Tuesday, October 20, 2009

The Philanthropy of Financiers: excerpt 6

a fine critique of mid-20th century Ricardian theology is this, by Joan Robinson: the economist's case for free trade is deployed by means of a model from which all relevant considerations are eliminated by the assumptions - each country enjoys full employment - there is no migration of labor and no international investment, however great the differences in the level of profits in different countries may be - at the same time there is perfect mobility and adaptability of factors of production within each country - perfect competition prevails - fixed exchange rates are taken for granted - equality between the values of imports and exports of each country is quickly established, in the face even of large disturbances, by movements of relative prices brought about through the international monetary mechanism -- all this has to be taken for granted before the argument begins - yet prescriptions for policy were drawn from it, with great confidence, to apply to a world which by no means conformed to the assumptions.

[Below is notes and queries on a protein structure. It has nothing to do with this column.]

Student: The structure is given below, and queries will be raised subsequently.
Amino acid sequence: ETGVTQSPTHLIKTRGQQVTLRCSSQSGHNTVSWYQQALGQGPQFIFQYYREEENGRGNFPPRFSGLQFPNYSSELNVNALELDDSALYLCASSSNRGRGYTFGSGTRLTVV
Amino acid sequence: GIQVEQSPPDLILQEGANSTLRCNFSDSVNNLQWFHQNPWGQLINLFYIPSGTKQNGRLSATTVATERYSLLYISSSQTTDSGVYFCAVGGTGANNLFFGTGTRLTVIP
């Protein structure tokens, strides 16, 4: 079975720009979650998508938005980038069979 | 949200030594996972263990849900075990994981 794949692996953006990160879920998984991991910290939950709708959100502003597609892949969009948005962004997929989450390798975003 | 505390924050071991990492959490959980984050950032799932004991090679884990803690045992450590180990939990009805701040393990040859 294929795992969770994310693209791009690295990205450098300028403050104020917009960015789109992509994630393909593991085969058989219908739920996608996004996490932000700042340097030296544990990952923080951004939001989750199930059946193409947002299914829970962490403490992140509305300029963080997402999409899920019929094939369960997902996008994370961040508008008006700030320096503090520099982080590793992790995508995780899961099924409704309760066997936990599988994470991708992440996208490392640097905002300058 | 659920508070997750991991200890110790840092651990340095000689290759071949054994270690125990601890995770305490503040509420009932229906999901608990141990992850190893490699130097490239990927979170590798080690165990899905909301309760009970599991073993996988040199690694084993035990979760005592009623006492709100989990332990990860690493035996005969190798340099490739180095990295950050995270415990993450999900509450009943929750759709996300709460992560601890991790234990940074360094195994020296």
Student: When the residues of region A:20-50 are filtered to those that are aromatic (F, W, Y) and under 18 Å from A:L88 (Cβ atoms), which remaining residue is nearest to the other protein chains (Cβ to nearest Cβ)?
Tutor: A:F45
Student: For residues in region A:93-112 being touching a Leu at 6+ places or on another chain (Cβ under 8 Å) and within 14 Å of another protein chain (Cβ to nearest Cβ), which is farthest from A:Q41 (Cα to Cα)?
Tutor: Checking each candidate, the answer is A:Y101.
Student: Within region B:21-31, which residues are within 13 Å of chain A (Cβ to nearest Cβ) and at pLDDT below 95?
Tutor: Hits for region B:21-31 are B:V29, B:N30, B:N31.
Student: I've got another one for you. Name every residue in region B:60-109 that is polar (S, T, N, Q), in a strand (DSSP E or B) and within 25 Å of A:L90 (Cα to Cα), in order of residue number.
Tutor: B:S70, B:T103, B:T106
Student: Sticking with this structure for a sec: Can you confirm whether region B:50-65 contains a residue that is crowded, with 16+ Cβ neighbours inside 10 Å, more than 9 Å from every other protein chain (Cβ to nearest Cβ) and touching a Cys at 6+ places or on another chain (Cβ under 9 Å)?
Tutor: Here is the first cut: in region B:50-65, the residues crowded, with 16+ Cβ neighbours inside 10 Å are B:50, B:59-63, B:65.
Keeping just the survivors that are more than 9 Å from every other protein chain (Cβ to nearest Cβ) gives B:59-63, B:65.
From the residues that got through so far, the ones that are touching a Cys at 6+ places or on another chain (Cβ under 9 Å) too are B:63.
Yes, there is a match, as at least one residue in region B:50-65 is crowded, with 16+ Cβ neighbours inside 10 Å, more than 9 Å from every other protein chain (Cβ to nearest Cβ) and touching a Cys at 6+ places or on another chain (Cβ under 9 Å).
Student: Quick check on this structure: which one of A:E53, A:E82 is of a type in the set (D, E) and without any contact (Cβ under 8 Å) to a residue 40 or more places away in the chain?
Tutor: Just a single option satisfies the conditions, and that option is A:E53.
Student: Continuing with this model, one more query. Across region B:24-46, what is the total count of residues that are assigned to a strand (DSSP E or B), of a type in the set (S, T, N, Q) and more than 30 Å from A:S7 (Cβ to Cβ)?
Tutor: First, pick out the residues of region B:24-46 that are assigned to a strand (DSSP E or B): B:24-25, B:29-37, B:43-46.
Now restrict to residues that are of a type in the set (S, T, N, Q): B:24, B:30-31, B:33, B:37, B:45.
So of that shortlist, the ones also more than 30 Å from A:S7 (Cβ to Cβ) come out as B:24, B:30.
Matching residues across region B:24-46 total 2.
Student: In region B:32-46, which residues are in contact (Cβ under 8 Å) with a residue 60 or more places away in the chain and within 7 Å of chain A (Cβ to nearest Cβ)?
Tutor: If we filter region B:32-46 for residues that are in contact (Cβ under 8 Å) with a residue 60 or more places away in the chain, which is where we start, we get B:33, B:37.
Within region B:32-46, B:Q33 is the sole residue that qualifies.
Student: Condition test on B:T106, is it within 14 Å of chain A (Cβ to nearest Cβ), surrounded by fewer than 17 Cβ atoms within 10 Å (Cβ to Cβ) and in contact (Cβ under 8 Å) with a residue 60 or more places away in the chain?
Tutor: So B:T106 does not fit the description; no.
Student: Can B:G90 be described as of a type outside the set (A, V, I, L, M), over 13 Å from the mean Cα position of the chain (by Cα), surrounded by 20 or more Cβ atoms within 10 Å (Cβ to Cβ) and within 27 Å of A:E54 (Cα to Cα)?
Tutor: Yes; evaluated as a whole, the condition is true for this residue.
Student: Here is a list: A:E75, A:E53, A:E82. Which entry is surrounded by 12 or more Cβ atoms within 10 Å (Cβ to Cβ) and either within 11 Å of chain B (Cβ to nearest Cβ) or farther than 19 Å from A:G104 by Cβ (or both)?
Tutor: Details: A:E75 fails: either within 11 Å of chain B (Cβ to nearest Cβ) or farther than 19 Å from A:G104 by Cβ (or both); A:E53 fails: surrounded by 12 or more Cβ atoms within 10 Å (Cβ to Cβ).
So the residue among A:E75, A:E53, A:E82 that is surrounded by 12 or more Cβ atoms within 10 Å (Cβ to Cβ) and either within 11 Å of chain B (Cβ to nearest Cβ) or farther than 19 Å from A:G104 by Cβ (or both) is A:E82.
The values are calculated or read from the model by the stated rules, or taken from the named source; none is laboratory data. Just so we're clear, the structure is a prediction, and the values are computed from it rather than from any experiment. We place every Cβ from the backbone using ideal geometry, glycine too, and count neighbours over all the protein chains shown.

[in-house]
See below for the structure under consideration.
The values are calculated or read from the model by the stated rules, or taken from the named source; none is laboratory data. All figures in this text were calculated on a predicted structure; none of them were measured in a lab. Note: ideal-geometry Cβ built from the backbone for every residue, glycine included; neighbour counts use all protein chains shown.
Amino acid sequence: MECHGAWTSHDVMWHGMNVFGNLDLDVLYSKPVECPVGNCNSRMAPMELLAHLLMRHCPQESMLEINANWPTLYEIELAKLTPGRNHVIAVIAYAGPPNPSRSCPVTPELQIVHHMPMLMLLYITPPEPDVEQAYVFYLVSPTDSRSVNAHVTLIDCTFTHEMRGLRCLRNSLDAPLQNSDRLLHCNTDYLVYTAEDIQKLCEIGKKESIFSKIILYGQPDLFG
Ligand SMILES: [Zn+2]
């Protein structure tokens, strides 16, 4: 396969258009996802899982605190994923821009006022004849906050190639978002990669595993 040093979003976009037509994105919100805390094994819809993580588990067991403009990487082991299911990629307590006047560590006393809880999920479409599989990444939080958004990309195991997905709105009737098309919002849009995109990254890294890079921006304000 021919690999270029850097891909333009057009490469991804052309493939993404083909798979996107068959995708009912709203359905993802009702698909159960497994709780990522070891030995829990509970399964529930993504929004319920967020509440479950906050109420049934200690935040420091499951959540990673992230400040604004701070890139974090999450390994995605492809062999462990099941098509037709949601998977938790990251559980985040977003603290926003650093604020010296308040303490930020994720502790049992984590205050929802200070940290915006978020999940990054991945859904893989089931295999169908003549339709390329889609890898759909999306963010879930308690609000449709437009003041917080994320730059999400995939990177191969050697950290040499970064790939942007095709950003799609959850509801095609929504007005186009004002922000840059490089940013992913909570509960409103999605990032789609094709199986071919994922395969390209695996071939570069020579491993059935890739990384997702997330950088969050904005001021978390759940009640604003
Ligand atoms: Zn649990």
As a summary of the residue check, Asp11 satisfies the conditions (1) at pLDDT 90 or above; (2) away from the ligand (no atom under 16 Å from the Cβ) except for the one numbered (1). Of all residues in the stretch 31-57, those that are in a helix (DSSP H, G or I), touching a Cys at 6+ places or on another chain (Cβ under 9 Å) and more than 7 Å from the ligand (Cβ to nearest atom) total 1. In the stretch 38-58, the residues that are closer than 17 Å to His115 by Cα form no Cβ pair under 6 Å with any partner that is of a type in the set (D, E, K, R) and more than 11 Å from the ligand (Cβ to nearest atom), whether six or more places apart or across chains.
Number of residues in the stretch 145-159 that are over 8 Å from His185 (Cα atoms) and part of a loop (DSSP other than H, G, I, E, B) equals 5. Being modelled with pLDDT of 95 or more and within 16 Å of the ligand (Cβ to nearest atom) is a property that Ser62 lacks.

of course, this dogma, Robinson acknowledged, had "solid interests behind it" - the imperial-corporate classes of Britain in the 19th century and the US in the 20th - Robinson's 1965 critique focused on the contradictions between assumptions and reality: theoreticians' dismissals of unemployment, currency and capital market irrationality, large trade imbalances, and what Robinson called the new mercantilism, the model of state-led export-promotion that makes every country a more eager seller than buyer - Clinton seems a much better New Mercantilist than Bush, an activism that can only intensify global competition.

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